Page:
World's oldest drawing of ghost discovered on Babylonian tablet - report

The drawing is approximately 3,500-years-old and presents a male ghost with his hands tied by a rope, being led by a woman.

Cuneiform tablet detailing the daily life of exiled Jews in ancient Babylon (modern-day Iraq) 2,500 years ago, displayed at the Bible Lands Museum in Jerusalem (photo credit: REUTERS)
Cuneiform tablet detailing the daily life of exiled Jews in ancient Babylon (modern-day Iraq) 2,500 years ago, displayed at the Bible Lands Museum in Jerusalem
(photo credit: REUTERS)

The world's oldest drawing of a ghost has been discovered in the British Museum, The Guardian reported on Saturday.

The drawing has been identified on an ancient tablet from Babylonia that was constructed approximately 3,500 years ago.

The drawing presents a male ghost with his hands tied by a rope, being led by a woman pulling the rope. It is said to be a guide to getting rid of unwanted ghosts by acknowledging what brought them back to the living world, which is shown here as a ghost searching for a partner. 

Half of the tablet is reportedly missing, according to the report, and the other half is said to be small enough to fit in a human palm. The other side of the tablet contains instructions of what to do should a ghost continue to pursue any individual, which requires making figurines of a man and woman.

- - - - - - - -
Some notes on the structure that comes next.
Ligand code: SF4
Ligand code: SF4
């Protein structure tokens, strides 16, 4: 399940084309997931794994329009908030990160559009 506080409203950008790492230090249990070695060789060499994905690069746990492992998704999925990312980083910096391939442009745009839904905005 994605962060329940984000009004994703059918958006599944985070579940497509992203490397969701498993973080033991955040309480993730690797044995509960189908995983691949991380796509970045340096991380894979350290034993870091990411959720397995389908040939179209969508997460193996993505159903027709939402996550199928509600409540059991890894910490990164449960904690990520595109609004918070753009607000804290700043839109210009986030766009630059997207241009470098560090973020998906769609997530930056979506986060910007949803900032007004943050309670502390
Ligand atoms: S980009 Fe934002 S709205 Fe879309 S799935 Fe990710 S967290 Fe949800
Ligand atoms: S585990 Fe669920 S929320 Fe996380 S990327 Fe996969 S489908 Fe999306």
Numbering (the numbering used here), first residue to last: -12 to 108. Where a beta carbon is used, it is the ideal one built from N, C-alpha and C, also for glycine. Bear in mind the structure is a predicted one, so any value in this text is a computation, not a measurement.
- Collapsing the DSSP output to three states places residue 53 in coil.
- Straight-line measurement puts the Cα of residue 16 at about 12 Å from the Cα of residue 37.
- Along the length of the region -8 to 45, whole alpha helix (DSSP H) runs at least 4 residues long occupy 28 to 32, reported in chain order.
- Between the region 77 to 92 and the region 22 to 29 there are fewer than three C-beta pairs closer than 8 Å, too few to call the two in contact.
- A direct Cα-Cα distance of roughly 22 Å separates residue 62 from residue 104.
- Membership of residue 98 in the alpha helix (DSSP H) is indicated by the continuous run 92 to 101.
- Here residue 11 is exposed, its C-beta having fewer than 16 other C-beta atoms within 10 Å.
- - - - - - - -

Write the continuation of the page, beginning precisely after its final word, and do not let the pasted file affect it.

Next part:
Two years ago, researchers from the University of North Carolina said that they found evidence pointing to the validity of the Babylonian Conquest of Jerusalem in 587/586 BCE which included their discovery of arrowheads from that era, Iron Age potsherds and jewelry.

This is one of the Scythian type arrowheads found in the destruction layer from 587/586 BCE (credit: MT ZION ARCHAEOLOGICAL EXPEDITION/VIRGINIA WITHERS)This is one of the Scythian type arrowheads found in the destruction layer from 587/586 BCE (credit: MT ZION ARCHAEOLOGICAL EXPEDITION/VIRGINIA WITHERS)

In July, archaeologists reportedly found a section of Jerusalem’s city wall that was destroyed by the Babylonians in that conquest and also discovered multiple artifacts that offer a glimpse into the daily life of Jerusalem when the wall was still standing, which include fragments of pots and pans. 

Rossella Tercatin and Zachary Keyser contributed to this report.